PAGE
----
Tired of not sleeping?

Helping you get a good night’s sleep

‘I know I need sleep but I toss and turn all night!”

Is this you?

Sleep is essential for a sharp memory, not to mention your overall health. No-one feels on top of their game after a night spent tossing and turning, watching the clock creep forwards.

Most people need six to eight hours of sleep a night although, of course, people vary and you may need more or less than that. The key thing is the QUALITY of your sleep.

If you have breathing problems when you sleep (such as sleep apnea) then you might sleep for for ten hours a night and still never feel refreshed in the morning. That needs to be checked by your doctor. And it is true that insomnia becomes more common as you get older.

But there are things you can do to help. Try these …..

  • Set up a sleep routine for yourself. Go to bed at the same time each night and wake up at the same time each morning. A set sleep routine will “train” you to fall asleep and wake up more easily.
  • Do your most vigorous exercise early in the day. Exercising in the hours immediately before bedtime causes physiological changes that can interfere with sleep. Exercising in the morning, on the other hand, enhances your alertness when you need it most – at the beginning of the day.
  • Say ‘No thanks’ to coffee and other sources of caffeine (e.g., chocolate, many soft drinks, some brands of aspirin, many types of tea) after mid-morning, because caffeine is a stimulant that can keep you awake for hours afterwards.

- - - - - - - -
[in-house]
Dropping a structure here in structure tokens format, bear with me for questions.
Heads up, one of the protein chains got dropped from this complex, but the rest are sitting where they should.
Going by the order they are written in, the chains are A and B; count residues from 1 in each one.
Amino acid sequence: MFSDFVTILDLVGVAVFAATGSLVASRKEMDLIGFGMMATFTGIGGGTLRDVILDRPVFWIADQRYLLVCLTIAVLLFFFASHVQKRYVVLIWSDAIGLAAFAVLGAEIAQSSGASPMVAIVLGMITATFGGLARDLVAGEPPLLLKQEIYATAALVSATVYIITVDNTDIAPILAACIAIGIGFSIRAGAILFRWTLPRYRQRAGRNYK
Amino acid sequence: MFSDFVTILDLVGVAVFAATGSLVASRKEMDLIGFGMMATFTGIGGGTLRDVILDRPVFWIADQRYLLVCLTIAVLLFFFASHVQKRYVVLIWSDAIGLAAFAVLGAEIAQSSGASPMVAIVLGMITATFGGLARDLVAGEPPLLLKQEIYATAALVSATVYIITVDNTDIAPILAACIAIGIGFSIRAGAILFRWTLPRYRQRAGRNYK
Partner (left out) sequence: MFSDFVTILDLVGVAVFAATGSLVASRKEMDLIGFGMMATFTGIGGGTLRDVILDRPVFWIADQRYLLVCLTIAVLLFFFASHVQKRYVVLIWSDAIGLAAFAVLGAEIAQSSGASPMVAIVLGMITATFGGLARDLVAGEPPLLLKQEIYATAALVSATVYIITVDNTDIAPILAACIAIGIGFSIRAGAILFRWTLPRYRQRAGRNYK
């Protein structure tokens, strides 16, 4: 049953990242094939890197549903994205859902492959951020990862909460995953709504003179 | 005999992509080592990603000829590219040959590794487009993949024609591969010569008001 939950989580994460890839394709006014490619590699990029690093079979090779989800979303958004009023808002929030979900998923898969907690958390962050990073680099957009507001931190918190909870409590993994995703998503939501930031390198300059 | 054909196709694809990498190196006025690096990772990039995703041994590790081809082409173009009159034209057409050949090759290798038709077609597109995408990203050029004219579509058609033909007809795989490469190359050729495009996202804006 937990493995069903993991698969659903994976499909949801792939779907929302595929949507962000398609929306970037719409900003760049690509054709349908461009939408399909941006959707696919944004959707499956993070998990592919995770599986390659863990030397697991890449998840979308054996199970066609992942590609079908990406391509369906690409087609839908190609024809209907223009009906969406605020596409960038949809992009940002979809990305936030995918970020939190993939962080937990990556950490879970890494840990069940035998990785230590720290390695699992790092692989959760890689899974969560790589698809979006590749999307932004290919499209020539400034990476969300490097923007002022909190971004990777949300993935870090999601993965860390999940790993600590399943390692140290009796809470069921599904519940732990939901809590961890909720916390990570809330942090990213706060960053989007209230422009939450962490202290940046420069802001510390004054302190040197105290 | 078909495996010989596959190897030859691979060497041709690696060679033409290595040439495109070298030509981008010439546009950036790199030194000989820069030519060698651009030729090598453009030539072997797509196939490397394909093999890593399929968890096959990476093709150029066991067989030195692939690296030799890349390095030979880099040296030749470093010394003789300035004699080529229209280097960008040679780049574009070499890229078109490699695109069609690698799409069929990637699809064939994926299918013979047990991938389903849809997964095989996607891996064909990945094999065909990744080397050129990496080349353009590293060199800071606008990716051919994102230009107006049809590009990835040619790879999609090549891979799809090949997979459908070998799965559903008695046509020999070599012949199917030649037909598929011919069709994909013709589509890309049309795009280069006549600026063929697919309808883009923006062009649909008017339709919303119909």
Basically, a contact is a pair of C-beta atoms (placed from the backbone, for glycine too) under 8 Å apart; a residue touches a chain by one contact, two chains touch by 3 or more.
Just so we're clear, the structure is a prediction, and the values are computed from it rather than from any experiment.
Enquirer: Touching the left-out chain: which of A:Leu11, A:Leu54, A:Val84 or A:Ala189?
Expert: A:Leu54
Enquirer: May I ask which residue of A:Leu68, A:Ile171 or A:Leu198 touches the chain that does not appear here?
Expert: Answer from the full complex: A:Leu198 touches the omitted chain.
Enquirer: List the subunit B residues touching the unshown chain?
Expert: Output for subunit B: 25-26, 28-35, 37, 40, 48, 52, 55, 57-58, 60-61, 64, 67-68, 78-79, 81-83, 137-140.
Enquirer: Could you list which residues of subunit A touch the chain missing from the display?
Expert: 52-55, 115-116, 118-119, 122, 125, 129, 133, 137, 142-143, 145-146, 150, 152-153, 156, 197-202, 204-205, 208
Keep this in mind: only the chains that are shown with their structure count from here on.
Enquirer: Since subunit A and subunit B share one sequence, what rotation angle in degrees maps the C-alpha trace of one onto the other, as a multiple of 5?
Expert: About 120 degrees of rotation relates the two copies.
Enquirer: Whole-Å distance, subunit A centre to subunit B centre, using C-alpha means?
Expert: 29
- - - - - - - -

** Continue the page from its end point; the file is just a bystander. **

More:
• Try not to nap during the daytime. Napping can disrupt your natural sleep cycle and prevent you from feeling tired enough to fall asleep at night.
  • Don’t take sleeping pills unless nothing else works. Like sleep deprivation, sleeping pills can cause memory loss.
  • Try drinking warm milk before bedtime. Some people find that it helps them feel sleepy. Milk contains tryptophan, a chemical that may help you relax.
  • Don’t try to sleep if you’re not tired; otherwise you’ll set yourself up for tossing and turning. If you’re still awake after about 20 minutes in bed, get up and read awhile to help yourself relax.
  • Having persistent sleep problems? Don’t hesitate to consult your doctor so that you can find out what’s wrong and get treatment if you need it.

See also how lack of sleep affects short-term memory, more tips on improving memory, how poor sleep can affect your job and how saying ‘no’ can help your memory.